Gotta watch not chipping ya elbows and knees on the spinning 40kg + “drum” too.



      1 minute in this Guys shows you how not to use an electric eel.

      • TailorTrashMEMBER

        “nearly broke my wrist with mine when I first got it and stupidly used rubber gloves to guide it in.”

        Think Reusa would be more at home handeling one one of those things than a “rabbit “any day ……….

      • boomengineeringMEMBER

        Ermo, went to buy a Rothenberger Romax crimping tool but H&G wouldn’t sell it to me because I wasn’t a plumber so I made my own hydraulic one.Twice as powerful (adjustable pressure) and a third of the size. Went back to show him and the other plumbers all wanted one to fit under sinks etc. Didn’t matter that I was taught pipe fitting by Scottish guys from the North Sea oil rigs. (no pipe fitting trade in Aust)

    • Can’t scrape the detritus off your tongue with one though. Need a manual toothbrush for that. Careful.

      • Mining BoganMEMBER

        That was very exciting but I fear the Spanish have gone soft. Once upon a time there would have been untethered heads rolling around the place.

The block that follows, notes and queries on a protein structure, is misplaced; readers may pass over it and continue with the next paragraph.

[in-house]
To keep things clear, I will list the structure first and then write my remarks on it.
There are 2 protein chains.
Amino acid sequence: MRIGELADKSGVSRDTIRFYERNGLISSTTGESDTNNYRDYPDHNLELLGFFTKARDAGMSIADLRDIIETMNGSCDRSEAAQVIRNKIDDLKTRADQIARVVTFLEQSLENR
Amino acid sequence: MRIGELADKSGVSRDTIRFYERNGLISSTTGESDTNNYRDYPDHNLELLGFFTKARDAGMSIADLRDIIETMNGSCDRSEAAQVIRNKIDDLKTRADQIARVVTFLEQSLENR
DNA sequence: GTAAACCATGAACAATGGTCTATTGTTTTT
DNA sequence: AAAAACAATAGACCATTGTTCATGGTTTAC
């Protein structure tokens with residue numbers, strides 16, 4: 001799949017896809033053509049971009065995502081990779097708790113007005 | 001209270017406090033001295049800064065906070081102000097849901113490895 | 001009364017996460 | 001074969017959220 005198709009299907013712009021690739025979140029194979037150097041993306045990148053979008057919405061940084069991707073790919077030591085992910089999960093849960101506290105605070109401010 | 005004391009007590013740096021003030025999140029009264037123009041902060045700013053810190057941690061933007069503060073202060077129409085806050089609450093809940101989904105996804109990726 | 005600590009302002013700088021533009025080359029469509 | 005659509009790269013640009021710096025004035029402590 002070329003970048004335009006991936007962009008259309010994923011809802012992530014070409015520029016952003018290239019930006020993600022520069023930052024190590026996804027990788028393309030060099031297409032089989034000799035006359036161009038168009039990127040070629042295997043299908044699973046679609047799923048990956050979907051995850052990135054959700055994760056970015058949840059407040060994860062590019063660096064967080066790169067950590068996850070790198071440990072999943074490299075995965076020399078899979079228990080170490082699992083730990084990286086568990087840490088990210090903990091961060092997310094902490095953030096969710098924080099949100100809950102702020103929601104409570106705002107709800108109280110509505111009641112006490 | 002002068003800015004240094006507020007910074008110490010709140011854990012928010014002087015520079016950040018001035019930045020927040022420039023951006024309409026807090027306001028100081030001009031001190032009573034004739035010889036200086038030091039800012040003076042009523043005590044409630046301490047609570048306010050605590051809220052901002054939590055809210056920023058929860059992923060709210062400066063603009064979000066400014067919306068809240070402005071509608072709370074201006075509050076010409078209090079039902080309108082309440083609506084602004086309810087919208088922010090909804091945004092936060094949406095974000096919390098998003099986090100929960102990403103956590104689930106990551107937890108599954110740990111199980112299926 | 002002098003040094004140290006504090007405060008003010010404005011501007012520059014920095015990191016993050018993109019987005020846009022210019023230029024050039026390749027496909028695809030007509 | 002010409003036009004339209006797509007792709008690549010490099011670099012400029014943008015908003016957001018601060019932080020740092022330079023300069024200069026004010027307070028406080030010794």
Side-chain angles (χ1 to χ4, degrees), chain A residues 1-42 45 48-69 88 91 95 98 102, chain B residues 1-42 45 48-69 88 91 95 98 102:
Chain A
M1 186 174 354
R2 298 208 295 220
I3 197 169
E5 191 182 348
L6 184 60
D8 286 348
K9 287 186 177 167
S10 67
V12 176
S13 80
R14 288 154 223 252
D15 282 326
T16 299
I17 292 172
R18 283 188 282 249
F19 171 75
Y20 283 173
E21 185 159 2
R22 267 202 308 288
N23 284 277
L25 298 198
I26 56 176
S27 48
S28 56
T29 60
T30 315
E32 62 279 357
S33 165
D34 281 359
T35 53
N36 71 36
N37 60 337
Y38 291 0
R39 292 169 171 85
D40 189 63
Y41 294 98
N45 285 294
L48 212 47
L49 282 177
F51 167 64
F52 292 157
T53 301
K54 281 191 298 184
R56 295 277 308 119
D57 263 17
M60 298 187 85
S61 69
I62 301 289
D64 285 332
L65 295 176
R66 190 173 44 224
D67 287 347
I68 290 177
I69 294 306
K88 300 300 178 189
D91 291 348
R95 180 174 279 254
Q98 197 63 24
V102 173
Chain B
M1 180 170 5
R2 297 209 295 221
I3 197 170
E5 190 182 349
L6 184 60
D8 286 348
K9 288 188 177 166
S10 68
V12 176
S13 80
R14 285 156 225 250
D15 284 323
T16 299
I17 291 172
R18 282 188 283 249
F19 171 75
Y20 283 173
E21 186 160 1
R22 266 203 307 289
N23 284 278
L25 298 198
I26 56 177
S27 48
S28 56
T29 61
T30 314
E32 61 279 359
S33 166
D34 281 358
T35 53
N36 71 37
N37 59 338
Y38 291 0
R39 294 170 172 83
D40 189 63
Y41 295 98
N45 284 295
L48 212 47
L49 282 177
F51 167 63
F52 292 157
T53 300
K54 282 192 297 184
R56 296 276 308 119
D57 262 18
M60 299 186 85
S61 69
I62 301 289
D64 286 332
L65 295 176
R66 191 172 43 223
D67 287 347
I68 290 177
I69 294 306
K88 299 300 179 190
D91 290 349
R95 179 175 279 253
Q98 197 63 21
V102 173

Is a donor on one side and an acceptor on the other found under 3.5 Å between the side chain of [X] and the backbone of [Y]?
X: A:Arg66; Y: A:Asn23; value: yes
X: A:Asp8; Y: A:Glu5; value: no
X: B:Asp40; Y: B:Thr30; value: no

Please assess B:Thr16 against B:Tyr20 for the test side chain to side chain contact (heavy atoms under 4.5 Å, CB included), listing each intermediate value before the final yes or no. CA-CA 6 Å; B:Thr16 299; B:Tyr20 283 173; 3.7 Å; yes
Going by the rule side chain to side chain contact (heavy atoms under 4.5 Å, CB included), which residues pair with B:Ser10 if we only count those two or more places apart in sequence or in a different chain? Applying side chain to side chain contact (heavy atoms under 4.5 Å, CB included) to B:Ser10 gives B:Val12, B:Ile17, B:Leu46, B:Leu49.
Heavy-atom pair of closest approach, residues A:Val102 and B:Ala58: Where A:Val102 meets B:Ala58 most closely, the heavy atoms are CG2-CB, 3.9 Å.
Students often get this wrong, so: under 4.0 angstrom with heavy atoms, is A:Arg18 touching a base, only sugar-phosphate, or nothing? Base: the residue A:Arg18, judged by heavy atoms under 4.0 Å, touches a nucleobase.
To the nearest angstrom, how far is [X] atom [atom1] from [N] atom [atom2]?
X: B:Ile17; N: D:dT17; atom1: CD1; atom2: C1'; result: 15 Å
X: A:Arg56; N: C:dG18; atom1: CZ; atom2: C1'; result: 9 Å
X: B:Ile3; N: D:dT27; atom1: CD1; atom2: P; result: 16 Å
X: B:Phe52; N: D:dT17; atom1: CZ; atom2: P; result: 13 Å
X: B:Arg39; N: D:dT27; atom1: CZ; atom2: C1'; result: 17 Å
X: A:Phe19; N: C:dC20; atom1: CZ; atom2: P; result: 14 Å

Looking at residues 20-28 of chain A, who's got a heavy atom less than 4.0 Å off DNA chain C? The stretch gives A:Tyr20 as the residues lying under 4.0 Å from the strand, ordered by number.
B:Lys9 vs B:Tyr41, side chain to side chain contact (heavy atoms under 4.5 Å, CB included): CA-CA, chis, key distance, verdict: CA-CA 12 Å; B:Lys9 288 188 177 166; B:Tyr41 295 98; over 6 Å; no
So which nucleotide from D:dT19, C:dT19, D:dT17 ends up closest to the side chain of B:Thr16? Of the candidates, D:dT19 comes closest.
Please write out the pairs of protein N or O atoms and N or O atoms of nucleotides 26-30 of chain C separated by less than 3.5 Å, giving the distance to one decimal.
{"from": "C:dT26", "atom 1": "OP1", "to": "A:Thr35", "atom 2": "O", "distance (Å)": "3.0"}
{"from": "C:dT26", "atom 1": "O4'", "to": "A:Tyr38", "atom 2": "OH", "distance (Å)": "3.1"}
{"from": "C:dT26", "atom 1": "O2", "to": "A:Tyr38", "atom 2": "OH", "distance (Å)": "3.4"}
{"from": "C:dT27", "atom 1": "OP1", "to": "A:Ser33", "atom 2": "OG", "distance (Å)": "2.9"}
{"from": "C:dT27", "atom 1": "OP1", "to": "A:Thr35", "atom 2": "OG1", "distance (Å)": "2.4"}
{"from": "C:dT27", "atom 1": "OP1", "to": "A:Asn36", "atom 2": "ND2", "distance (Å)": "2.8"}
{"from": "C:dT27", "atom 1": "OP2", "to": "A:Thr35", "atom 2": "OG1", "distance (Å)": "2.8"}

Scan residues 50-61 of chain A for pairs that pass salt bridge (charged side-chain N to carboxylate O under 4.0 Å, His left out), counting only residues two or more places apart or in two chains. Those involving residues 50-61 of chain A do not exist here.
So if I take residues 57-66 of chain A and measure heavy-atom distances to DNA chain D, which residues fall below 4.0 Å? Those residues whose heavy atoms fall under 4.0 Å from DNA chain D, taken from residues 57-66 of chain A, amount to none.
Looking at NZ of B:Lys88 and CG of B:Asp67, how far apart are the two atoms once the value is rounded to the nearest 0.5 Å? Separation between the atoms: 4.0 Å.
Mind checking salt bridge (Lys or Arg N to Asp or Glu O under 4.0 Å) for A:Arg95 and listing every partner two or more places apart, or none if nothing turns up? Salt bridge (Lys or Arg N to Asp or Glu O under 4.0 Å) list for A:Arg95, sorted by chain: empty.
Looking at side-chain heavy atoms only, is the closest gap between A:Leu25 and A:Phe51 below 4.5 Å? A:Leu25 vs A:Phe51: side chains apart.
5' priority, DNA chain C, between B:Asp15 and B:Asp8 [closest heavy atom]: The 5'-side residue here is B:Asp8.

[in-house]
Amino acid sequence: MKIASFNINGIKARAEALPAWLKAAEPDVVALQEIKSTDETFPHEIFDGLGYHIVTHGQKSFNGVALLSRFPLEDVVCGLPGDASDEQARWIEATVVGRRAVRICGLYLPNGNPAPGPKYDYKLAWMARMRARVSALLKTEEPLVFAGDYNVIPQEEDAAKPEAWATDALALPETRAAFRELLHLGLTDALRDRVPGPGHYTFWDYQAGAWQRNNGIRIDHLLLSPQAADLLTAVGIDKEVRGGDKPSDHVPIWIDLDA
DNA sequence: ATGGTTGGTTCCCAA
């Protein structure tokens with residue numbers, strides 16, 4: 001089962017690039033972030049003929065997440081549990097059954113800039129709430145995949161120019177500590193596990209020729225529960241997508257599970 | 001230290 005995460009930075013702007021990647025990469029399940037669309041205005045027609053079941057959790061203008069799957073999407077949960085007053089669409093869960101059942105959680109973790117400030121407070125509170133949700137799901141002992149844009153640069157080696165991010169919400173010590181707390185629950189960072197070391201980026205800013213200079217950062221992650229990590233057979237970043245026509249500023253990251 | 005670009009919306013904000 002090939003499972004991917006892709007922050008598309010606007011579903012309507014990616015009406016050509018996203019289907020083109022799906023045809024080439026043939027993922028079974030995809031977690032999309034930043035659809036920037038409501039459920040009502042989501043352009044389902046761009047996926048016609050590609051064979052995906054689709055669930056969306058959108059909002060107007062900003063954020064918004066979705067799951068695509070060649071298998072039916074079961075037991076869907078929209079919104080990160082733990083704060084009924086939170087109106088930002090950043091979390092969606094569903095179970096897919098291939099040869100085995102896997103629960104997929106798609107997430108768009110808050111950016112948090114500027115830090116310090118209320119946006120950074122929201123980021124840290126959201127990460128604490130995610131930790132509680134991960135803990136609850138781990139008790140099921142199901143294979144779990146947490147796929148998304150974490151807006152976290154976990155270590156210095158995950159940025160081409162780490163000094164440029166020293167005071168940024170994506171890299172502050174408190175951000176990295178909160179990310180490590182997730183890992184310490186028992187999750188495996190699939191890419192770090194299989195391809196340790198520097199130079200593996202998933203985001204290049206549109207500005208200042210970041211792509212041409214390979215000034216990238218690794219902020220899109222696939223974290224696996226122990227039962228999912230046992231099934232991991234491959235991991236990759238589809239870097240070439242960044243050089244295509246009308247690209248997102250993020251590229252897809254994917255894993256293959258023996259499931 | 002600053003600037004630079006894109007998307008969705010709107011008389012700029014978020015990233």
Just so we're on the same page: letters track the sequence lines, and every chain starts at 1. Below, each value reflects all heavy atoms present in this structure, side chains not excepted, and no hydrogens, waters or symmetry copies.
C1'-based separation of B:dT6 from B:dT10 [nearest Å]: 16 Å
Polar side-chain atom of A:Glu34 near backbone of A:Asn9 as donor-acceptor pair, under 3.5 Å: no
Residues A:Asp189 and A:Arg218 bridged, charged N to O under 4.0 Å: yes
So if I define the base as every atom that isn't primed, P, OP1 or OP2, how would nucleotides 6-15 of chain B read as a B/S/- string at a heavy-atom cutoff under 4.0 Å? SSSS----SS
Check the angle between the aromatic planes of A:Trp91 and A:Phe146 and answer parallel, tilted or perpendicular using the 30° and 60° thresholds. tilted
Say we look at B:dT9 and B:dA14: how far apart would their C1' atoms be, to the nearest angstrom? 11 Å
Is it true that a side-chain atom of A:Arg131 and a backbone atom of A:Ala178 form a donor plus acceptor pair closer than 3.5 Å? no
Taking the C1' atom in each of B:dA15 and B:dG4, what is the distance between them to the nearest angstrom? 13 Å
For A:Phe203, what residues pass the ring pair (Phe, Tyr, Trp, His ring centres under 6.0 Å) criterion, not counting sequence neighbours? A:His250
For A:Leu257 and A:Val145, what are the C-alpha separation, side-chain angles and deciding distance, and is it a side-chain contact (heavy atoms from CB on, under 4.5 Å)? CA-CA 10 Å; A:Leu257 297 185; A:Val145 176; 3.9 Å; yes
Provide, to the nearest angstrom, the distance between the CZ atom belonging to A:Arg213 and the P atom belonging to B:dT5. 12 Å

• mild colonialMEMBER

        It’s a very good point. We vote in people to represent us then vote in others to stop them. We could just have proportional representation evenly populated electorates across the country and not worry about states.

      • The federal system of democracy has produced some of the longest surviving and most stable nation states going. Not very efficient but apparently effective. If you get rid of the checks and balances it becomes too easy for someone like Tayyip Erdogan to have their way. Even now in the US, there are some states that are acting as a viable counterbalance to the current direction from the White House.

        Getting rid of the senate or the states makes about as much sense as getting rid of redundant fail-safe systems in commercial aircraft or getting rid of prudential regulations on the financial services sector under the guise of improving efficiency.

      • mild colonial
        58% of the population lives in Sydney/Melbourne Brisbane and their satellite cities. So what you would get is the whole non-productive sectors based on RE ruling the country totally impervious to the issues and problems in the whole of the rest of the country. The productive sectors would be crucified to an even greater extent than they now are.